Suppose we want to design a system for storing employee records keyed using phone numbers. And we want following queries to be performed efficiently:
We can think of using the following data structures to maintain information about different phone numbers.
For arrays and linked lists, we need to search in a linear fashion, which can be costly in practice. If we use arrays and keep the data sorted, then a phone number can be searched in O(Logn) time using Binary Search, but insert and delete operations become costly as we have to maintain sorted order.
With balanced binary search tree, we get moderate search, insert and delete times. All of these operations can be guaranteed to be in O(Logn) time.
Another solution that one can think of is to use a direct access table where we make a big array and use phone numbers as index in the array. An entry in array is NIL if phone number is not present, else the array entry stores pointer to records corresponding to phone number. Time complexity wise this solution is the best among all, we can do all operations in O(1) time. For example to insert a phone number, we create a record with details of given phone number, use phone number as index and store the pointer to the created record in table.
This solution has many practical limitations. First problem with this solution is extra space required is huge. For example if phone number is n digits, we need O(m * 10n) space for table where m is size of a pointer to record. Another problem is an integer in a programming language may not store n digits.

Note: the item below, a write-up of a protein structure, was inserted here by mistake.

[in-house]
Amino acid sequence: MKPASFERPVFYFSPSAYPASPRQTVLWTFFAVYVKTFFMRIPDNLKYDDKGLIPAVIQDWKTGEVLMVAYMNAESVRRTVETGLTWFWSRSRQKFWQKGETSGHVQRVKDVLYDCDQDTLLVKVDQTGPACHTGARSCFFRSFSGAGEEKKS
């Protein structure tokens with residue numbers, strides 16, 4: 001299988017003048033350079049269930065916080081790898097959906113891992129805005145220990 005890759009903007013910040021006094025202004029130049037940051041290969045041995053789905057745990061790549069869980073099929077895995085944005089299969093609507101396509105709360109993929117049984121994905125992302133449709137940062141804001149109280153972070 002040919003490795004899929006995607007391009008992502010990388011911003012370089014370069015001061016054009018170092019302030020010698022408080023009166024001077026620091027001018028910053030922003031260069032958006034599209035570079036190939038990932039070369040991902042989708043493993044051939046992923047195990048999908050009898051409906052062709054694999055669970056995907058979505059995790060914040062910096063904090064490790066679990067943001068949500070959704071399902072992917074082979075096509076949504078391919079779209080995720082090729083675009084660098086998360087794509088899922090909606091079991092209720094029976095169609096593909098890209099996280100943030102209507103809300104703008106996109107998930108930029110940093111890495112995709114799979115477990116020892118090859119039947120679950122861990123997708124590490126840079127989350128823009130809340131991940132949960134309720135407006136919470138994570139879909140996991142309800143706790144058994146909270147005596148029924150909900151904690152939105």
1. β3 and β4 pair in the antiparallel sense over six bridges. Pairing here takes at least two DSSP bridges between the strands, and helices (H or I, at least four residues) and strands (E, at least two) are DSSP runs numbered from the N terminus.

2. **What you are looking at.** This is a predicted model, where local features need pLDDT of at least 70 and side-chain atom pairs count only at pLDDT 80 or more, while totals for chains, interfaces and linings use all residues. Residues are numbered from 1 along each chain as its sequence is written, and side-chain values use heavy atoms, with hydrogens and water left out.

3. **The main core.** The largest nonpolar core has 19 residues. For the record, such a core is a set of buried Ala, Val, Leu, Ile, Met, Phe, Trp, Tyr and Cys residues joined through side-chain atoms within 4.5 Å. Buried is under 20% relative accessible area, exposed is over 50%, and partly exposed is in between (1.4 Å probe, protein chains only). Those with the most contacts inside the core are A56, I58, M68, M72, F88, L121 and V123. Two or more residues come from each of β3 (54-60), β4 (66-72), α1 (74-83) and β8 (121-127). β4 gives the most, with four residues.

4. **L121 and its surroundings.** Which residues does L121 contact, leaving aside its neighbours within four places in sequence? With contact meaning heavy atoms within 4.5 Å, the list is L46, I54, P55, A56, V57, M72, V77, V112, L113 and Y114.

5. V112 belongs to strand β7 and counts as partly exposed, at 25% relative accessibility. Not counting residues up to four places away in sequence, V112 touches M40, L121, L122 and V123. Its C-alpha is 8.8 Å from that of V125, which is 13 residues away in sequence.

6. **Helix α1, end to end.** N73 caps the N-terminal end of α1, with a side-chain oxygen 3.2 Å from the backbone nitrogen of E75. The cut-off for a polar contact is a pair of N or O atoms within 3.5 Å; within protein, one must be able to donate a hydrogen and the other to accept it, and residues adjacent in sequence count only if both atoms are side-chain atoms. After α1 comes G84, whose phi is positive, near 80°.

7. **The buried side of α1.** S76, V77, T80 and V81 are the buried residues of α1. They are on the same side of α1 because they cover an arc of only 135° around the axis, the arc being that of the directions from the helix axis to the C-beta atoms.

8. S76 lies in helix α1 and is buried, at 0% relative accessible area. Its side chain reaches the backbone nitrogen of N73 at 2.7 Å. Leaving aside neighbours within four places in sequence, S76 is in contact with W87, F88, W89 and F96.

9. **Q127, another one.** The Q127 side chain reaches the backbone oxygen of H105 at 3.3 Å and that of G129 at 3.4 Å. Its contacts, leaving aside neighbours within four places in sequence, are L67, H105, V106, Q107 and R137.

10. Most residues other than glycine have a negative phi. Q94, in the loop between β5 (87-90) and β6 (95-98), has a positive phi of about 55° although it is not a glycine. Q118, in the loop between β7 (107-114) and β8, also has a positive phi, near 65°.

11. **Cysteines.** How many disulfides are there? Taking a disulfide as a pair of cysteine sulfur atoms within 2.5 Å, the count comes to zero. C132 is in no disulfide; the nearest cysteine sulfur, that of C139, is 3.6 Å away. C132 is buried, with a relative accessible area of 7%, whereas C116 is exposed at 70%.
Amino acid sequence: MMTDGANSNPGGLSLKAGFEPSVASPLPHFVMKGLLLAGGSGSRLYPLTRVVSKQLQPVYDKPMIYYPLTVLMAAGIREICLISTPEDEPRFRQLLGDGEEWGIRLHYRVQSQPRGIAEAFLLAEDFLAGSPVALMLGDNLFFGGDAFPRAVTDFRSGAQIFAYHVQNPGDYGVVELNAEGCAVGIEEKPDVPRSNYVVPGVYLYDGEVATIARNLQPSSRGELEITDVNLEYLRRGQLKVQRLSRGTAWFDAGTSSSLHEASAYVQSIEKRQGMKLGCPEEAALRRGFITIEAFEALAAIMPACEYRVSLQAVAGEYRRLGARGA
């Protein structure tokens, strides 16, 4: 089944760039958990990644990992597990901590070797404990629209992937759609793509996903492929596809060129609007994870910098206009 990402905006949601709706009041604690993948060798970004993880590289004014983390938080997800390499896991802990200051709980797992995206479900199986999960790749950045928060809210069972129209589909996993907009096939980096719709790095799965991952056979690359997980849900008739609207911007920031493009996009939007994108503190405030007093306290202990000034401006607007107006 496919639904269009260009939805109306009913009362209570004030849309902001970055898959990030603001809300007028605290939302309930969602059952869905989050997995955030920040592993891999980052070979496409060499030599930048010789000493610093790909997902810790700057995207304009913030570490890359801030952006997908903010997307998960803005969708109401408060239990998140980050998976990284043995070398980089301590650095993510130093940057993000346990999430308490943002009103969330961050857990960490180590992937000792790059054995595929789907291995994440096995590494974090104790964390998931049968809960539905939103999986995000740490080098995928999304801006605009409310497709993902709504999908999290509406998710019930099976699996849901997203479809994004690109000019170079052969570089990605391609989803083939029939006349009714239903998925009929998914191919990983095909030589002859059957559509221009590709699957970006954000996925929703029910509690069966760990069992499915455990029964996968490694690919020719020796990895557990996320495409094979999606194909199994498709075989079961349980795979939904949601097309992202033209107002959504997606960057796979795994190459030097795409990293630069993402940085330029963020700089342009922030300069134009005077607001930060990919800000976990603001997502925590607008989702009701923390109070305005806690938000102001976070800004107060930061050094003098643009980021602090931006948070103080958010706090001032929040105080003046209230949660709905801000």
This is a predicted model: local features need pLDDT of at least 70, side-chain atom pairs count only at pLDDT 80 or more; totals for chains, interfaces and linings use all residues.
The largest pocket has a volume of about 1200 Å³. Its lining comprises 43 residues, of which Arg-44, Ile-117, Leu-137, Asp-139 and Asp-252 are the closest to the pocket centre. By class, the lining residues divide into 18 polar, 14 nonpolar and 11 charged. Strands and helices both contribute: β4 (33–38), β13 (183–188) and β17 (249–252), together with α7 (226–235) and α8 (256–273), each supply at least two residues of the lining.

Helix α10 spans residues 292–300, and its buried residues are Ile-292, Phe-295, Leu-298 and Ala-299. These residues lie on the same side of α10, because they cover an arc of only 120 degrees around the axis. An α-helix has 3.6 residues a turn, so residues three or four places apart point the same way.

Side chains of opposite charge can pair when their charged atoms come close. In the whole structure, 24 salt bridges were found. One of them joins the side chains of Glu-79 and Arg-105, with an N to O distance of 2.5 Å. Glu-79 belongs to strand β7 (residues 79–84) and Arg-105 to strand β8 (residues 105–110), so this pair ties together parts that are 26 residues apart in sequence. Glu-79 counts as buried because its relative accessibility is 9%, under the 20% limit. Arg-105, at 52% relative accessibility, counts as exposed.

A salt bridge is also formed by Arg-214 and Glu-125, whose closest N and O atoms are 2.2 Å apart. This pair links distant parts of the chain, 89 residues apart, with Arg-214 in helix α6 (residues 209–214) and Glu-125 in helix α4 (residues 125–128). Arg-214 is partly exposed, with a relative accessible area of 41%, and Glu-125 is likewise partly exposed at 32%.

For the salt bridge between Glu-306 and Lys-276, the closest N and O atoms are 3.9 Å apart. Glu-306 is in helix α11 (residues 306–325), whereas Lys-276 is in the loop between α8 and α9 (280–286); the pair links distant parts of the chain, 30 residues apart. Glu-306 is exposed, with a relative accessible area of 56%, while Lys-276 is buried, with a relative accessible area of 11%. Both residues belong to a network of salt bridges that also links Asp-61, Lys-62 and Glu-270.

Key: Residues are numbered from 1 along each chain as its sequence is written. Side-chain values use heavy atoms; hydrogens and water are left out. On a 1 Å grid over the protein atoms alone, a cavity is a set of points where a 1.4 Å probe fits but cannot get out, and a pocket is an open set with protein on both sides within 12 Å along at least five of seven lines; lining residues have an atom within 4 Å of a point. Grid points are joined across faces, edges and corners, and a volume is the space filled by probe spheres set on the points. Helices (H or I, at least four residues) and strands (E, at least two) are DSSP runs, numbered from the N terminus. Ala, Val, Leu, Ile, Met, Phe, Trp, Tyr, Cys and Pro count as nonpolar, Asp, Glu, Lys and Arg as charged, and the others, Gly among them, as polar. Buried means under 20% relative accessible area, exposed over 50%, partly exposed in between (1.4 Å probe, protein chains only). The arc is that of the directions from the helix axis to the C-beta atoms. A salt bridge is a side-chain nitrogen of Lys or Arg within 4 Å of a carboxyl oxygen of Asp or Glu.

Due to above limitations Direct Access Table cannot always be used. Hashing is the solution that can be used in almost all such situations and performs extremely well compared to above data structures like Array, Linked List, Balanced BST in practice. With hashing we get O(1) search time on average (under reasonable assumptions) and O(n) in worst case.
Hashing is an improvement over Direct Access Table. The idea is to use hash function that converts a given phone number or any other key to a smaller number and uses the small number as index in a table called hash table.
Hash Function: A function that converts a given big phone number to a small practical integer value. The mapped integer value is used as an index in hash table. In simple terms, a hash function maps a big number or string to a small integer that can be used as index in hash table.
A good hash function should have following properties:
For example for phone numbers a bad hash function is to take first three digits. A better function is consider last three digits. Please note that this may not be the best hash function. There may be better ways.
Hash Table: An array that stores pointers to records corresponding to a given phone number. An entry in hash table is NIL if no existing phone number has hash function value equal to the index for the entry.
Collision Handling: Since a hash function gets us a small number for a big key, there is possibility that two keys result in same value. The situation where a newly inserted key maps to an already occupied slot in hash table is called collision and must be handled using some collision handling technique. Following are the ways to handle collisions:
What is Collision?
Since a hash function gets us a small number for a key which is a big integer or string, there is a possibility that two keys result in the same value. The situation where a newly inserted key maps to an already occupied slot in the hash table is called collision and must be handled using some collision handling technique.
What are the chances of collisions with large table?
Collisions are very likely even if we have big table to store keys. An important observation is Birthday Paradox. With only 23 persons, the probability that two people have the same birthday is 50%.